Summary Matthew Chapter 14

Having reviewed the commentary on this chapter, one theme proved consistent. This was the additions vs. the subtractions of Mark’s material made by Matthew. There were three major stories here; or, two, with the second divided into two parts. These are 1) the death of the Baptist; 2) the feeding of the 5,000; 3) Jesus walking on the water. The last two are, at least sometimes, considered to be a unit in the sense that the third is always attached to the end of the second. This is a significant theme because it gets to the heart of a triad of relevant issues. 1) Did Matthew use Mark, in the sense of having a copy of Mark in front of him?; 2) how did Matthew abridge or lengthen the story?; 3) what do the additions/subtractions tell us about the development of the story of Jesus? A corollary to these would be the issue of sources. Can the changes Matthew made tell us anything about potential sources?

The first question is still a question may itself be a question. There is, for example, the Griesbach hypothesis which that Matthew wrote first, and that Mark sort of wrote an abridgment of Matthew. This overlaps largely, but is not syonymous with, the Two-Gospel Theory. I do not know how seriously this is actually taken any more, at least by scholars; however, a cursory Google search showed that this belief is not uncommon, especially among ministries of various sorts. Their reasoning is very similar to that of the not-so-early Church Fathers who put Matthew first. Assuming Mark’s priority means that it is possible to argue that many of the additions to Mark made by Matthew may be “later embellishments” (as per Wikipedia). And, in fact, I have argued, and will continue to argue exactly that. As I see this, simply reading the two in succession is proof enough of Mark’s priority. This becomes even more clear if one reads through the lens of historical inquiry (that is actually redundant) and/or with an understanding of how legends are created. There is sufficient literature available on-line that one can pursue this at leisure.

The second question is really the heart of this entry. And, when we step back to look at the whole, the answer is actually quite clear. Matthew deletes what are, essentially, extraneous details. These would include the name of Salome, or the disciples straining against the oars. He adds pieces that further emphasize his point about who Jesus is, or that underscore Jesus’ power. An example of this would include the setting of Jesus in the lonely place, which stresses that there were no resources available to Jesus to assist in the feeding of this large group, that it was his power alone that managed this feat. Another would be the declaration of the disciples that Jesus is truly the son/Son of God. Taking this even further is the addition of Peter walking–or trying to–on the water. This aspect of the story is unique to Matthew. And really, despite the perplexity I expressed at the outset of my last post on the chapter about why Matthew dropped some details largely answered itself.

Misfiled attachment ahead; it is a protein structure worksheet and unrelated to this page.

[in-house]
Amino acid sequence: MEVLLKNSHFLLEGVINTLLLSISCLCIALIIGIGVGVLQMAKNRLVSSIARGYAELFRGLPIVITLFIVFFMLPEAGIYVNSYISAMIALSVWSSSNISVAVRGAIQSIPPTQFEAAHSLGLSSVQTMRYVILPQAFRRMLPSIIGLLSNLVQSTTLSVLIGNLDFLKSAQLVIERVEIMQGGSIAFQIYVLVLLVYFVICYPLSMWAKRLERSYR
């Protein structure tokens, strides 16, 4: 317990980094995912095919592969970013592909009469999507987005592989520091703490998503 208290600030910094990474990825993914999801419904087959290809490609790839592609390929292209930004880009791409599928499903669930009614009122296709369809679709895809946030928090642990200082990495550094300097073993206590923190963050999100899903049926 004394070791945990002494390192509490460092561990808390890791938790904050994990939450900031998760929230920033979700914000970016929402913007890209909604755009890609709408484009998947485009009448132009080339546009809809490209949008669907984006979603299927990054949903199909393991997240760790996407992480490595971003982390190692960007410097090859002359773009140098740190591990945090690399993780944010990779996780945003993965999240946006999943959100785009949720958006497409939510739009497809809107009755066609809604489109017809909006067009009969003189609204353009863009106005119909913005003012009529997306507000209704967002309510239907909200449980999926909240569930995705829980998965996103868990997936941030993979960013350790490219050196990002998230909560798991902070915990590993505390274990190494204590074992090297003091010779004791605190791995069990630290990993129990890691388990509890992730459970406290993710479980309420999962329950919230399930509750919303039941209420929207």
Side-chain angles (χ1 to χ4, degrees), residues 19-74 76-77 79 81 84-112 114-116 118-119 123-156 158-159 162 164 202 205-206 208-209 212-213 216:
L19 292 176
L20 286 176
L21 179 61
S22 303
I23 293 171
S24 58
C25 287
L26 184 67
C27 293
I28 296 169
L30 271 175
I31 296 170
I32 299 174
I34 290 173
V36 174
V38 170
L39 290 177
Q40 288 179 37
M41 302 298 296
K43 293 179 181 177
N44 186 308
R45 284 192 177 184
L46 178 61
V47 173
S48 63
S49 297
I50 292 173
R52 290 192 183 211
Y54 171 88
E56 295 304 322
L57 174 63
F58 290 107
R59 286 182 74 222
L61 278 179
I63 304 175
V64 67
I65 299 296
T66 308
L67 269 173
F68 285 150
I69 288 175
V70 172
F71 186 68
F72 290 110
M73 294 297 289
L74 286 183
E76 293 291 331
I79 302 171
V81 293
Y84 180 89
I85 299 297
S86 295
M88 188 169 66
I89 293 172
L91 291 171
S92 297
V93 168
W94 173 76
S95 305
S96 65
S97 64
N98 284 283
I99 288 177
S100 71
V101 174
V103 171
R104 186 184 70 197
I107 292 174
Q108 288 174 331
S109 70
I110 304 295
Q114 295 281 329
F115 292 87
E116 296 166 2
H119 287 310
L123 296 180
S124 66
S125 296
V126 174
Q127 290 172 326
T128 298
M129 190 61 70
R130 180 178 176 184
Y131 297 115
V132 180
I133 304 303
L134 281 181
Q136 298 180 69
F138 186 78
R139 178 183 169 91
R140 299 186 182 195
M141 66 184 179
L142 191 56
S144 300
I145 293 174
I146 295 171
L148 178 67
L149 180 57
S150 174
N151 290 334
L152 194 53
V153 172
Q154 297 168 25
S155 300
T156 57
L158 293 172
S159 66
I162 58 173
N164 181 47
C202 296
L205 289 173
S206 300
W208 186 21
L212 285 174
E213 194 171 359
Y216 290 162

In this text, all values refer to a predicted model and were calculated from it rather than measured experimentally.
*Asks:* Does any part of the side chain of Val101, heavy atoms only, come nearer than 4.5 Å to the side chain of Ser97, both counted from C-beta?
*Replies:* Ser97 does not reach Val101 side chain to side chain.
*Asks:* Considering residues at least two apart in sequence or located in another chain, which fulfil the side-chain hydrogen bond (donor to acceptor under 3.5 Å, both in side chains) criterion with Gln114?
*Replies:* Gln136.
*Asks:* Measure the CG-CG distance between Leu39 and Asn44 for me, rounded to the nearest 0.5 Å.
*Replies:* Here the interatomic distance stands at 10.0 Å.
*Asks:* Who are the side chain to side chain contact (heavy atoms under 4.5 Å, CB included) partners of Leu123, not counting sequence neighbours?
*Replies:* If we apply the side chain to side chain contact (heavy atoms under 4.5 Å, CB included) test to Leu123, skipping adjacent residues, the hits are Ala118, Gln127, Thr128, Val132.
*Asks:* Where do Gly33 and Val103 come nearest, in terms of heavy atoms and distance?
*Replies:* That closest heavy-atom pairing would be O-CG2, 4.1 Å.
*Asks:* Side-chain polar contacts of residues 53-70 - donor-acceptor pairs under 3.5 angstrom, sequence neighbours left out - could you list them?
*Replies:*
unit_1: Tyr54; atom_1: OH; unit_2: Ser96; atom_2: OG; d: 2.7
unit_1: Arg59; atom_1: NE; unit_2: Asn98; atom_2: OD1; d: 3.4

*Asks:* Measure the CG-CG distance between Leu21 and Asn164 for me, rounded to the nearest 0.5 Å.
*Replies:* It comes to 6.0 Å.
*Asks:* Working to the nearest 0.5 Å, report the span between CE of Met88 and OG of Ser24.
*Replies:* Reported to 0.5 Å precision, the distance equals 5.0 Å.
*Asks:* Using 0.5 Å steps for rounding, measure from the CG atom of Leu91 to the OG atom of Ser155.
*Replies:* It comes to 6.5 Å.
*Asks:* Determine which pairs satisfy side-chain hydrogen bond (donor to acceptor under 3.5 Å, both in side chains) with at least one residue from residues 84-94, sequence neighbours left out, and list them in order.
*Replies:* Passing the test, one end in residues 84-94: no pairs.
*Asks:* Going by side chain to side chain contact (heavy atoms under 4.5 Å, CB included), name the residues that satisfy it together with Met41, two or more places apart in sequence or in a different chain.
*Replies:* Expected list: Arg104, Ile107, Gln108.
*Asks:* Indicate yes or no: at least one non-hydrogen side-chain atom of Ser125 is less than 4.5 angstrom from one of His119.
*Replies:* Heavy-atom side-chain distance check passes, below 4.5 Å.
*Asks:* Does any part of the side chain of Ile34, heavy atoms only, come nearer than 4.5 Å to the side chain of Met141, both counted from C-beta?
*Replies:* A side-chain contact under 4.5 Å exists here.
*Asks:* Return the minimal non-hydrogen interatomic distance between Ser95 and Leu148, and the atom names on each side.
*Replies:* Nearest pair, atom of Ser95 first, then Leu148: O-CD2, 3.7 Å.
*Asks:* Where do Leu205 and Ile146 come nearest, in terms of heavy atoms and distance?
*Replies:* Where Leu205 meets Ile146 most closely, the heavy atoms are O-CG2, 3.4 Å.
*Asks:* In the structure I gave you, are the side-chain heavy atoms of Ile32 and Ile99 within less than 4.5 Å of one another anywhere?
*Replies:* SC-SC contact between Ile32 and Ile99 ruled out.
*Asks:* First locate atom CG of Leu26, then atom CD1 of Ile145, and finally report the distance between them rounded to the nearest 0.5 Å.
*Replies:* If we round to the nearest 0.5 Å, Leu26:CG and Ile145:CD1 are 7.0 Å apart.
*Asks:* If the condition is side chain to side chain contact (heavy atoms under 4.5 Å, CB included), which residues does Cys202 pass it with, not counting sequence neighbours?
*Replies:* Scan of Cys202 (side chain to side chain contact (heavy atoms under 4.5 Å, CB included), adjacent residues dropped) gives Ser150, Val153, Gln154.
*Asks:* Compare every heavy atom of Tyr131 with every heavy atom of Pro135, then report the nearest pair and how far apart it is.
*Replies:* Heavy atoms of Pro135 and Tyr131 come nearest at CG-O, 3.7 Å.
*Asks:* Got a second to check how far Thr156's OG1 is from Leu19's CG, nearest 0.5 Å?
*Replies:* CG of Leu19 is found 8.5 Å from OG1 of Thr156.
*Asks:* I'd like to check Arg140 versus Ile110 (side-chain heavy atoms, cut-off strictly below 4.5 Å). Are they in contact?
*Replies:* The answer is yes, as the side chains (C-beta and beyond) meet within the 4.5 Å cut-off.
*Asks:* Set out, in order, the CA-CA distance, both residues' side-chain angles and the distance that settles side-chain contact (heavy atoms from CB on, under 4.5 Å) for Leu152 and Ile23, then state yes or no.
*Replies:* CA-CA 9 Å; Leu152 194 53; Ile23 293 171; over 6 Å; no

More, the answer to the third question was pretty much answered in the paragraph above. The changes that Matthew made were done to create a stronger picture of who Jesus was, and that Jesus was rather–or largely–different from the way presented in Mark. Jesus becomes more elevated, more–in a word–divine. He is less, much less, human than he was in Mark. Matthew’s Jesus does not get angry. He does not complain that he is surrounded by dullards who just don’t get It. And even the disciples themselves have changed in this last regard. When he asked if they understood the parables in Chapter 13, they did. This is reflected by the fact that we’re half-way through Matthew (based on number of chapters) and Jesus hasn’t become cross with them even once. The people, IOW, are less people and moving toward an ideal. Even Peter instinctively has faith: he jumped out of the boat, believing. That his faith faltered, well, that is human. But it falters in a way that does credit to Jesus, rather than discrediting him as the lack of faith in his hometown did in Mark 6. Actually, I just realized that Jesus has become cross, exactly once. It’s when he admonishes Peter as one of little faith. This term, or the idea behind the term, was used frequently by Mark to express Jesus’ exasperation. Since Jesus doesn’t get exasperated often, the term has not appeared frequently in Matthew.